Minibus taxis are checked at a roadblock in Mamelodi. Picture: SOWETAN
Minibus taxis are checked at a roadblock in Mamelodi. Picture: SOWETAN

A reckoning with the taxi industry is long past due; we hope that this week’s strike may finally prompt some real change. After all, these are the people who ferry the majority of South Africans to work.

While we condemn the thuggishness that is rife in the sector, as well as lamentable driving and safety standards, it is a far more legitimate beneficiary of state support than, for example, SAA.

The state has essentially left it up to private operators to get South Africans around — which, despite the issues listed above, they do remarkably efficiently.

The government has for too long washed its hands of its responsibility to deal properly with the legacy of apartheid spatial planning. About 30% of an average worker’s wages are spent on getting to work and back. In Cape Town, a survey last year put that figure at 43%. There is a strong case for some form of subsidy.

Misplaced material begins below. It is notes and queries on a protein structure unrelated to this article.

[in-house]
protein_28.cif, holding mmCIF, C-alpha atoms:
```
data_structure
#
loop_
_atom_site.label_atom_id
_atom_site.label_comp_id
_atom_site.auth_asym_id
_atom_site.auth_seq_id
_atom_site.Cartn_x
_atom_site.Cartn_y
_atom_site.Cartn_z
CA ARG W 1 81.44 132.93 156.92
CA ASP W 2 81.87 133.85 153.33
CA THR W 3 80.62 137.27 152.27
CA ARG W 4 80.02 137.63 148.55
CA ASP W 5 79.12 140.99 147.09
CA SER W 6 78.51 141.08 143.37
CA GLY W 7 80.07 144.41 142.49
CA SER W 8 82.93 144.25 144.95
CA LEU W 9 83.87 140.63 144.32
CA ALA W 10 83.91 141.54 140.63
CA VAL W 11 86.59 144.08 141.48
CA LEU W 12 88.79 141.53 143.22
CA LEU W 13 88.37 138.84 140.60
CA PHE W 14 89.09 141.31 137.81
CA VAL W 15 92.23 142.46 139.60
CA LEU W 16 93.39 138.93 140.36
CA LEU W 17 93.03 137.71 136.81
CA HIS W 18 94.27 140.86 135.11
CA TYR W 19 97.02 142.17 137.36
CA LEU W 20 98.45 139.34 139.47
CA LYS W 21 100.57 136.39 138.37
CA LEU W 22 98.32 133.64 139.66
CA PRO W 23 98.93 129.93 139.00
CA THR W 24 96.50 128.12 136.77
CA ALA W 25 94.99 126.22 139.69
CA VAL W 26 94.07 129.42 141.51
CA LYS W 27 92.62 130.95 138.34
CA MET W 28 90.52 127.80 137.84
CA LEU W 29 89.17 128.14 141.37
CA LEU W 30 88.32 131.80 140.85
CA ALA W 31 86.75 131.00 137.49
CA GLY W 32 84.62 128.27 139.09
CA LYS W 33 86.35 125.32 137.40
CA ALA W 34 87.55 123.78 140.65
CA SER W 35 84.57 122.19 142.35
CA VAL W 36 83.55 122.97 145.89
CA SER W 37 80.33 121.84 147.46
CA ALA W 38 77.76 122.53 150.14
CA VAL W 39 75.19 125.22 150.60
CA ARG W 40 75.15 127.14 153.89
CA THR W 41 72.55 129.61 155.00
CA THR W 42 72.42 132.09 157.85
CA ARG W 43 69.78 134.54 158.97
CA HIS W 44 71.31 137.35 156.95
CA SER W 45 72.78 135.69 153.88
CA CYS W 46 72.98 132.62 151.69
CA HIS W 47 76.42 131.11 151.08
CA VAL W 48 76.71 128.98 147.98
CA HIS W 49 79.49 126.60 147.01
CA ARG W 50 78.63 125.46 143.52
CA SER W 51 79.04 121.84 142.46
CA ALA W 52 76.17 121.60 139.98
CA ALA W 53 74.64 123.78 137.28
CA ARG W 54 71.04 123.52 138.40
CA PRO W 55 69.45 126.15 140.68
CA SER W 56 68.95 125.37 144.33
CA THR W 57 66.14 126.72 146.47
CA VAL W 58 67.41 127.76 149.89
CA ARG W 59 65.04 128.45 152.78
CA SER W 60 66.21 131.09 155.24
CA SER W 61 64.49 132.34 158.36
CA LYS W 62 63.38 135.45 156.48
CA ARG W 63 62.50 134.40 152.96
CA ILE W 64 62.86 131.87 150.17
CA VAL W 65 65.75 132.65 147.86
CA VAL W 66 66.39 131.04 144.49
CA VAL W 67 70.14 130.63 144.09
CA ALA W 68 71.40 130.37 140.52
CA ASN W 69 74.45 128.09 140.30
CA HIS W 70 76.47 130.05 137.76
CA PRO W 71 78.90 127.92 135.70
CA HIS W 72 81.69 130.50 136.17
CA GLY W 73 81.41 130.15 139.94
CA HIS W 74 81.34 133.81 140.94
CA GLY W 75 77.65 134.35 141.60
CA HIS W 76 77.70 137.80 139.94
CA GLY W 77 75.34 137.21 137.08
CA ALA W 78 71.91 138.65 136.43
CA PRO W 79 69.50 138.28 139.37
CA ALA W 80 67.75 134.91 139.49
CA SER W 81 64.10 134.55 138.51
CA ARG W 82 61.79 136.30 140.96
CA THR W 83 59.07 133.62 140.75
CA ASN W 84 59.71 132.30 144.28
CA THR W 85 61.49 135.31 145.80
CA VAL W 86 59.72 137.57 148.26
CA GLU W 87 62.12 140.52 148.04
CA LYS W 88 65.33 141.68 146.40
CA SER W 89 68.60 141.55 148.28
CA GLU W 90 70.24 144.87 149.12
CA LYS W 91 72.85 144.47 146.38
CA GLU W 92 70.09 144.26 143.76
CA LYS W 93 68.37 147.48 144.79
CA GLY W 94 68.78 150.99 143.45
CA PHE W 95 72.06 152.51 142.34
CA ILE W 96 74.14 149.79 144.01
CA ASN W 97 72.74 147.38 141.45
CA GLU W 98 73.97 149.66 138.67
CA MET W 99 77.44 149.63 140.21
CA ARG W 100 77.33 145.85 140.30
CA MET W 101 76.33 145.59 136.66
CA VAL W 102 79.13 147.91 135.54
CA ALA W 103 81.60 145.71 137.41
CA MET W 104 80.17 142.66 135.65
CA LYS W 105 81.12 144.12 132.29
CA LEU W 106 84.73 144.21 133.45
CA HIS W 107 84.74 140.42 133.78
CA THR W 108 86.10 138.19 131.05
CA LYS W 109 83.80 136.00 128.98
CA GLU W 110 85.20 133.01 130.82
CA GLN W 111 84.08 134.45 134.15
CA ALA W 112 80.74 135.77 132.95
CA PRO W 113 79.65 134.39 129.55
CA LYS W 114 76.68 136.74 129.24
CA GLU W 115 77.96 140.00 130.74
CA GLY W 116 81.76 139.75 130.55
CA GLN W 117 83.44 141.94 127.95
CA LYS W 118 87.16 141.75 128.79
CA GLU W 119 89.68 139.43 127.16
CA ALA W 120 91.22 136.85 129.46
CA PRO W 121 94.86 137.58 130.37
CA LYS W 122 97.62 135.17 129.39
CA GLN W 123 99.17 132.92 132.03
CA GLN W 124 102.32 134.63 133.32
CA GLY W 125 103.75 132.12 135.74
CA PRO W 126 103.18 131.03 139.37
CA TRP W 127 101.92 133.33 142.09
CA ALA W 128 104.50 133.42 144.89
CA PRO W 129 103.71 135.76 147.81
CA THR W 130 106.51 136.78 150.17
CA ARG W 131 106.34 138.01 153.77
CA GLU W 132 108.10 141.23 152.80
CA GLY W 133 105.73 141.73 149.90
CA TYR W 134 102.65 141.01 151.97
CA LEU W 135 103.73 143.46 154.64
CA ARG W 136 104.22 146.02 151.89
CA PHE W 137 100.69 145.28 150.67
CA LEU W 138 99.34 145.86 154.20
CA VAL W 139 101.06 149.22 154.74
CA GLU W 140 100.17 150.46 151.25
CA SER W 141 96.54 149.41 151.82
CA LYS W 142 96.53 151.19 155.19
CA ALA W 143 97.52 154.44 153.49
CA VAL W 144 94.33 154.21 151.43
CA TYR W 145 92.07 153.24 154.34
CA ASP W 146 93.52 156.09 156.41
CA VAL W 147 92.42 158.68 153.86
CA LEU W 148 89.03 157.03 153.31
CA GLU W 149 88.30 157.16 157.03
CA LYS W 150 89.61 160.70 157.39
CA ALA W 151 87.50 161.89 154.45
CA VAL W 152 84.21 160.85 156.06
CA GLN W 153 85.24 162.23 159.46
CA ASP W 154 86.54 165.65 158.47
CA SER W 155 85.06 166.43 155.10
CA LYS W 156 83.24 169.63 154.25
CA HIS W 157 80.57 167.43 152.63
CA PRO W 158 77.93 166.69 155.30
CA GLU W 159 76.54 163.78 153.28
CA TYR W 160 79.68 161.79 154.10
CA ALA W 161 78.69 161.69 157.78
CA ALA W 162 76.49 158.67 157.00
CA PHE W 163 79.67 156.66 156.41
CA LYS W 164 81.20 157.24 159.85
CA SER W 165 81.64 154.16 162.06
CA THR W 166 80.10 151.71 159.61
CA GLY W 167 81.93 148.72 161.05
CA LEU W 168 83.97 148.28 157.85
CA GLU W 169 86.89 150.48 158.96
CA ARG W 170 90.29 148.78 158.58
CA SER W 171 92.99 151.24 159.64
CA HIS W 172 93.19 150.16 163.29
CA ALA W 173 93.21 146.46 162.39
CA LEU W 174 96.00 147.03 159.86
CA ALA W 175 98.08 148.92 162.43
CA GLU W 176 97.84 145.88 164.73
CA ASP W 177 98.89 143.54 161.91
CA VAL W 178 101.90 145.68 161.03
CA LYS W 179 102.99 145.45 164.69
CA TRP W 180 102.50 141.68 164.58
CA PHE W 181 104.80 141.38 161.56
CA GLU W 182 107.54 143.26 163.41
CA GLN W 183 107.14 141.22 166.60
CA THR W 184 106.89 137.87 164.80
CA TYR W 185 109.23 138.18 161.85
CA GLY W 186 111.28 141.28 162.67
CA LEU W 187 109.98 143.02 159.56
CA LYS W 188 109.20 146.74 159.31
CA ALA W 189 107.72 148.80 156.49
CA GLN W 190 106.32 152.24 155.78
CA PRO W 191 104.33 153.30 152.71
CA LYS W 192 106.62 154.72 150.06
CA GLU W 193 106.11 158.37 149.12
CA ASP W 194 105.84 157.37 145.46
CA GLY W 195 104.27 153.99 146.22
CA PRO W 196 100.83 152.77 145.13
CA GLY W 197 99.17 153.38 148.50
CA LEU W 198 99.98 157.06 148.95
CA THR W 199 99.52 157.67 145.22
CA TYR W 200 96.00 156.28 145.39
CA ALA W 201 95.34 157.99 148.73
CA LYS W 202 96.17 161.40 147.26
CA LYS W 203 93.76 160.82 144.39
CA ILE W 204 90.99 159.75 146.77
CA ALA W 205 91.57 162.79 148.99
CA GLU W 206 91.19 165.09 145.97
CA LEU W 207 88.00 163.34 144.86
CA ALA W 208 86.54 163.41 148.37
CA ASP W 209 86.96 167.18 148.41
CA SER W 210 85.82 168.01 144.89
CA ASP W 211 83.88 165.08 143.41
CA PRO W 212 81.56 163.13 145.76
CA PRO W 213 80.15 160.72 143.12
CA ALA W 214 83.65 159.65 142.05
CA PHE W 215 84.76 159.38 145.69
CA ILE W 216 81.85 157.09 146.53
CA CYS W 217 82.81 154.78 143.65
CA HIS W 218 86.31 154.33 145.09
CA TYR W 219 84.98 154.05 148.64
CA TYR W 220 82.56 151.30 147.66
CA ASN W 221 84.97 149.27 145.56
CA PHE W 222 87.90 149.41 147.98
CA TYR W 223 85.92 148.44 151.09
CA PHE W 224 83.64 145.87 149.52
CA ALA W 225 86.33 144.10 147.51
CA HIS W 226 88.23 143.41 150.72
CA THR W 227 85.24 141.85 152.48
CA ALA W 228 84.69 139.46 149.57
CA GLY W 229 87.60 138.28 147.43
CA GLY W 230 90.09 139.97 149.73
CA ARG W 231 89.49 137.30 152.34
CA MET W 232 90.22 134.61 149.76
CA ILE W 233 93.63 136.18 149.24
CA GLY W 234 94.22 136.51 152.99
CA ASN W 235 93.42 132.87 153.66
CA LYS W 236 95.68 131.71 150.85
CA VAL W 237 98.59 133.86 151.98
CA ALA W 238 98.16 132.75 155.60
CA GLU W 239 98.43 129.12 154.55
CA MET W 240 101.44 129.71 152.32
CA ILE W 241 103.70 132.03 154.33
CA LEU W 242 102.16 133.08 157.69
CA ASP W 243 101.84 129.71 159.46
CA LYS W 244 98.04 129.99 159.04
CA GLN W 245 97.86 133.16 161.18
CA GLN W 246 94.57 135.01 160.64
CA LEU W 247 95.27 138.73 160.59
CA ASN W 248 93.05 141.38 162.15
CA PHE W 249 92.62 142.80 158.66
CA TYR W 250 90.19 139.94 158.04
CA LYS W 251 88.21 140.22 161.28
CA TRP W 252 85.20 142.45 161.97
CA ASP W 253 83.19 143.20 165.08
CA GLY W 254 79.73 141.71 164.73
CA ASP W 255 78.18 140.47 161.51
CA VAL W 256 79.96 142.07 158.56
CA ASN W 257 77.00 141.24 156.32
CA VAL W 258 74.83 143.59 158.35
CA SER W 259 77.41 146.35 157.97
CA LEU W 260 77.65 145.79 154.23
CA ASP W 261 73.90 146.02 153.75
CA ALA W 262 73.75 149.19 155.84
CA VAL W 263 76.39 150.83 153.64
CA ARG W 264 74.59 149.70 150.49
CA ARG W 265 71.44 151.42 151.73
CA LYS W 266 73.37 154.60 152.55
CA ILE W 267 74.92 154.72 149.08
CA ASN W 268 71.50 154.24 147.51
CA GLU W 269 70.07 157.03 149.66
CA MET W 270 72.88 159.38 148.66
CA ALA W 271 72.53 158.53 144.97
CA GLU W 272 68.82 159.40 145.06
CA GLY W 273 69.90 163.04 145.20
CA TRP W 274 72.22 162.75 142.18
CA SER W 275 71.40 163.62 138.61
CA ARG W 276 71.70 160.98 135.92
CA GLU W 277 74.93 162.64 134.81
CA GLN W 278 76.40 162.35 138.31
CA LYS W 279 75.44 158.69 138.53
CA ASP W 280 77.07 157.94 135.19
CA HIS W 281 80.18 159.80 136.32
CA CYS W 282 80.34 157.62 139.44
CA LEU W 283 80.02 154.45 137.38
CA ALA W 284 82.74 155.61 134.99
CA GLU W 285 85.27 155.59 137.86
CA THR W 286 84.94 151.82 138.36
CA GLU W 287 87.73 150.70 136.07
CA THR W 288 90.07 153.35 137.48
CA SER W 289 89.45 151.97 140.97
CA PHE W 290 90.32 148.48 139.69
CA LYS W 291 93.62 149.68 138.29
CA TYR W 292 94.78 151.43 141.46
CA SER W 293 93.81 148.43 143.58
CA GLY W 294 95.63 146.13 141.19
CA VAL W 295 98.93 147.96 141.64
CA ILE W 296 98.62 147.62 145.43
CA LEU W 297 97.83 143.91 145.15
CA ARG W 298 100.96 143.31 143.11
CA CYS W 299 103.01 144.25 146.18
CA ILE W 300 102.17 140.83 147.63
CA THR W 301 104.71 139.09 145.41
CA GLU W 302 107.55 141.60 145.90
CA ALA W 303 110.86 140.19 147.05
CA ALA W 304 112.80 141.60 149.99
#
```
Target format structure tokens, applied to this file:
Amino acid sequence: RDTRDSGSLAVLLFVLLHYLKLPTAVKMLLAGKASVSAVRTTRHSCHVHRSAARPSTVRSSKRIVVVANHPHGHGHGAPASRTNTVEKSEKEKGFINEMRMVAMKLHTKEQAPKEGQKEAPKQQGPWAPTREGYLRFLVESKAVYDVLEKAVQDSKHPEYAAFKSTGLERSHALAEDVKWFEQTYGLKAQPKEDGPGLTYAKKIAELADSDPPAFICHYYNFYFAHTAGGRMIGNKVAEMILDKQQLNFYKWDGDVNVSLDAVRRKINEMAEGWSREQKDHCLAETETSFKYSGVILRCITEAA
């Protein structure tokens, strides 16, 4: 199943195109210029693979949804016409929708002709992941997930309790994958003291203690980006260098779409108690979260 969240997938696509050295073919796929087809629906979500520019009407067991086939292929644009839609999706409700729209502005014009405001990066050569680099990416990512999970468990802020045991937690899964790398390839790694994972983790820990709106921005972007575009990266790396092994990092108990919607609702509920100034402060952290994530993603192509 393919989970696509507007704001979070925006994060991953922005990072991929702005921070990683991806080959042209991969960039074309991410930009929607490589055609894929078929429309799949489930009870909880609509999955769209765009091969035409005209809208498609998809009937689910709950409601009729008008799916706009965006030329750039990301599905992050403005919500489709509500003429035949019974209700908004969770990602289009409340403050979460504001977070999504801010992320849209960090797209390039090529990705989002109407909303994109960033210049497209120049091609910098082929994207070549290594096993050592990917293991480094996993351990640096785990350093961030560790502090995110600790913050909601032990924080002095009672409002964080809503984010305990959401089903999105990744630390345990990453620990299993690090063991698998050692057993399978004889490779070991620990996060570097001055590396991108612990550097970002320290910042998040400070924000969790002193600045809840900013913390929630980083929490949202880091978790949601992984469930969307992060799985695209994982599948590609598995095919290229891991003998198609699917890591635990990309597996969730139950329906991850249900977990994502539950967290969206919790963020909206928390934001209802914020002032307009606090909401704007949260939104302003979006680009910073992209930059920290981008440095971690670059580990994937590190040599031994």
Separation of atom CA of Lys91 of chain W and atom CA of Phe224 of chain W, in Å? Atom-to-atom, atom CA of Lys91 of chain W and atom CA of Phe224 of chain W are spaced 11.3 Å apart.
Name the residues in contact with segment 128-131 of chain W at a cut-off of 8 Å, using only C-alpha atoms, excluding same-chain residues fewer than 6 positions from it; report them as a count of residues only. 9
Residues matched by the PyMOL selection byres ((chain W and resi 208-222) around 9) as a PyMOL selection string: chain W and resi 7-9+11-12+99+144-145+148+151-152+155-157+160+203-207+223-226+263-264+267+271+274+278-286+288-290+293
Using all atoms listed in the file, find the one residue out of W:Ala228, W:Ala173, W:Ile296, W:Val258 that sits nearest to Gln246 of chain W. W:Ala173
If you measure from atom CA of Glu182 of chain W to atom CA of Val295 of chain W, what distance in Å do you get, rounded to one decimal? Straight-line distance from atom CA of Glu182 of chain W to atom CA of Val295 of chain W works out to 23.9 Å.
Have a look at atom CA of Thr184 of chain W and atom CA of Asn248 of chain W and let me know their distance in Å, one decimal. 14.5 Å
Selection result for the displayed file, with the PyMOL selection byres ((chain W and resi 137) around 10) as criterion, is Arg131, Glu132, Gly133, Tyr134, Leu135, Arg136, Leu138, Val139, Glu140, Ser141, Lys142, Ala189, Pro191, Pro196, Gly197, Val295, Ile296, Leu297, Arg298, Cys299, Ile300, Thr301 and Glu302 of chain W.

As for the assertion that taxi operators do not pay tax — for every rand spent on a tank of fuel, 44.5% goes to the fiscus.

Transport minister Fikile Mbalula is right to say subsidies "cannot come without formalisation and formalisation will come with conditionality." Well then, properly apply state funds to such a plan. In return, taxi bosses must accept that such strictures are overdue, and are to the benefit of society as a whole, not just their own narrow interests.

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